International Summit held by DUMP
On January 13th DUMP hosted a summit with legislators from the State of Vermont and from Quebec, Canada, to discuss concerns about the landfill in Coventry. View the data summary presentation Data Summary for Summit January 13, 2020
Read the Result of our Mediation with the management of the Landfill – we were able to put a moratorium on the receipt of landfill leachage by the Newport Wastewater Treatment facility.
Read the result of our recent Mediation with the landfill representatives in this joint press release.
While we are comforted that the processed toxic leachate will no longer flow into Lake Memphremagog (for now), we are concerned about other bodies of water that are affected. Help us convince the State of Vermont to find a better way to handle trash.
The landfill is adversely affecting our beautiful Northeast Kingdom, and both the Department of Environmental Conservation and the Agency of Natural Resources signed a permit to EXPAND the landfill.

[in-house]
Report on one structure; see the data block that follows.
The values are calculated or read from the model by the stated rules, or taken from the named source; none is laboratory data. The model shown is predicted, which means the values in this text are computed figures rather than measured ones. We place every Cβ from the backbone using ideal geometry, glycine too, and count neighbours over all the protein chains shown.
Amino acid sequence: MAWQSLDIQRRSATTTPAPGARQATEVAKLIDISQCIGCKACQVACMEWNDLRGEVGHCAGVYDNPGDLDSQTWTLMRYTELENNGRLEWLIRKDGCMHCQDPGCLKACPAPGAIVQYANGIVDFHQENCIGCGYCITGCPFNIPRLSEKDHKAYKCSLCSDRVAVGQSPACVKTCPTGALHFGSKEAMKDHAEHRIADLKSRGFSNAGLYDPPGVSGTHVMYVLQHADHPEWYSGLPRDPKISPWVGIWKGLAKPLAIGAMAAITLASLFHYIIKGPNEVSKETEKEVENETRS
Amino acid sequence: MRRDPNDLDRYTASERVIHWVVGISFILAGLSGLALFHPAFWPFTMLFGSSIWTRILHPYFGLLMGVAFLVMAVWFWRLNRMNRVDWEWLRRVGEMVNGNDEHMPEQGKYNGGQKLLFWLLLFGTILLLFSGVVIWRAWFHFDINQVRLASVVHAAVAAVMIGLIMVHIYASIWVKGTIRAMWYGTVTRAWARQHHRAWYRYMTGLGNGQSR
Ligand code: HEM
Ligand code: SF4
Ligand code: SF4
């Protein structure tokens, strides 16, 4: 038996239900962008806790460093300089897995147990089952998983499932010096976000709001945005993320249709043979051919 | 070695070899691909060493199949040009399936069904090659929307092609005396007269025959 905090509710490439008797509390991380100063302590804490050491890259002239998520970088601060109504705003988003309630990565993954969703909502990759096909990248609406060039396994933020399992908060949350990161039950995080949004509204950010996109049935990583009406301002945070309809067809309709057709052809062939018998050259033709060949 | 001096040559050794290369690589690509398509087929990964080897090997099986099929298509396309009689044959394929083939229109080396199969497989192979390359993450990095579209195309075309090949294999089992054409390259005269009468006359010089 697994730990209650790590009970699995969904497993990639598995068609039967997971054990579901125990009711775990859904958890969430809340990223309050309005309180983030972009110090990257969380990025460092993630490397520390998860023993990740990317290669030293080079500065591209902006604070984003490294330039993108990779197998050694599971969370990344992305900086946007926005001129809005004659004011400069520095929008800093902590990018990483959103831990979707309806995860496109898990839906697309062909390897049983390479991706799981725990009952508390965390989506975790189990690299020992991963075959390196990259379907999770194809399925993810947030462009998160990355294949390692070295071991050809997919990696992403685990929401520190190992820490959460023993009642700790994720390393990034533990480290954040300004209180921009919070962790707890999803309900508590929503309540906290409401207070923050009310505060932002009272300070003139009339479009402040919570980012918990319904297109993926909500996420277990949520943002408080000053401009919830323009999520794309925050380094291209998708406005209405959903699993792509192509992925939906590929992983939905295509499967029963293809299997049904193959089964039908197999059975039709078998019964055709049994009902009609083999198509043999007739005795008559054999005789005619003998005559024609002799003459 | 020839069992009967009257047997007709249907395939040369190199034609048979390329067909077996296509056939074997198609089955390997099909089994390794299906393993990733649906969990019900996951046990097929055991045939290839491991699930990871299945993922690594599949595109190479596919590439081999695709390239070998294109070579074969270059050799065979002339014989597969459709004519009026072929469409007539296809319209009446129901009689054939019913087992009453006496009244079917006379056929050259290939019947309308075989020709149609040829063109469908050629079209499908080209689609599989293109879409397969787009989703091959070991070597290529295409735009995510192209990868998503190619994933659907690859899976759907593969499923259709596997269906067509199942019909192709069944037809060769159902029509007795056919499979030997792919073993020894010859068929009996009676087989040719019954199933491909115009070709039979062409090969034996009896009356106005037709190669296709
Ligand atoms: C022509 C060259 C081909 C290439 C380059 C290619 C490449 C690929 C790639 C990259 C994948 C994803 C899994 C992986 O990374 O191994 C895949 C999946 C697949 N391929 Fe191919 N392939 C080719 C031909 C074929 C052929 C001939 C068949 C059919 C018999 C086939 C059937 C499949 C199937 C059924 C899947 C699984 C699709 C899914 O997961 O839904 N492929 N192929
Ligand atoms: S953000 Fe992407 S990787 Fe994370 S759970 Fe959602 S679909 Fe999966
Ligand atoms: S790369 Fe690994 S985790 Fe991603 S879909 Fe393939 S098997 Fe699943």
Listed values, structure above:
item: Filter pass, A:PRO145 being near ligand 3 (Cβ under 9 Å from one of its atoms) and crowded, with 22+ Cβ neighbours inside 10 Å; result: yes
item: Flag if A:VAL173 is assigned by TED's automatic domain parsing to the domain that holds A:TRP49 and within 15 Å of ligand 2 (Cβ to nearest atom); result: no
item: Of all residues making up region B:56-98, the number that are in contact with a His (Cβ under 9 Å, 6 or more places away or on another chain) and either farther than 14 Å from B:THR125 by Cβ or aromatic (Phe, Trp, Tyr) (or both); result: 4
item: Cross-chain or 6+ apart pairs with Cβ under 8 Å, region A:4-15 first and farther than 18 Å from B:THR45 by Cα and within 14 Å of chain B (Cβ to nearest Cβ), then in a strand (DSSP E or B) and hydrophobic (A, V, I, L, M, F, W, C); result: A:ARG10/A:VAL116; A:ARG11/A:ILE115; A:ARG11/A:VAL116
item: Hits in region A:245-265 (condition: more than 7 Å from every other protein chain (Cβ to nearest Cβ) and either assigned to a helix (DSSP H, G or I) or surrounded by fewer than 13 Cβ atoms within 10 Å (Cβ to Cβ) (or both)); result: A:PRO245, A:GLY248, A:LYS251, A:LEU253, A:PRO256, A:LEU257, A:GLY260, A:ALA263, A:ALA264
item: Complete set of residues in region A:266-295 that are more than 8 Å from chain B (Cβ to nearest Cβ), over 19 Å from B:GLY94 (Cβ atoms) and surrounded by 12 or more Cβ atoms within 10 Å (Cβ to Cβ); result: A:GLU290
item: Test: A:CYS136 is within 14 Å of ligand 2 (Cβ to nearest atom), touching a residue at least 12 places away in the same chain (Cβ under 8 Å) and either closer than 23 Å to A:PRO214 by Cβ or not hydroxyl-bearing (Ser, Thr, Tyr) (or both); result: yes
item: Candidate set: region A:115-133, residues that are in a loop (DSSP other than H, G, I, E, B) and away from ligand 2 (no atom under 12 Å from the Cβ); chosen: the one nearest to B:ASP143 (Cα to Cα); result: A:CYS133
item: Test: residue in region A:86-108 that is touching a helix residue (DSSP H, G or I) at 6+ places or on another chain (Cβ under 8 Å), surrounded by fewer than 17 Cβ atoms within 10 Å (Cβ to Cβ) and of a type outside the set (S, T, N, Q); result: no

This is a Statewide Issue for Vermont.
Currently there is only one landfill in the state of Vermont to handle the trash of every resident, and the state has no long term plan to deal with their waste. The landfill is located in the beautiful Northeast Kingdom, situated between wetlands and abutting the Black River, which flows into Lake Memphremagog. Monster trash-carrying trucks drive over the lovely roadways every day to deposit their loads on the ever growing mountain of trash in Coventry. The offensive odors from this landfill spread with the wind.To make matters worse, a leak in an unlined area of the landfill was recently discovered and the water in a testing well contains toxic chemicals (PFAS) that are way above the “safe” levels. This is not just a Northeast Kingdom problem; the landfill impact is statewide. The leachate from this landfill, containing almost six times the safety standard of PFAS toxins, is going to Montpelier, North Burlington, Barre, Essex, Concord, NH and Plattsburgh, NY. After being treated in wastewater treatment plants, which do NOT remove the PFAS, it is dumped into local waterways still containing the PFAS. Lake Champlain is being polluted by this landfill’s leachate.
It is inconceivable that the Vermont Agency of Natural Resources approved a permit to INCREASE the size of this landfill after releasing the data on PFAS toxins in the leachate, and knowing the issues that have developed in Bennington.
Please join us in the fight to close the landfill and find a better solution!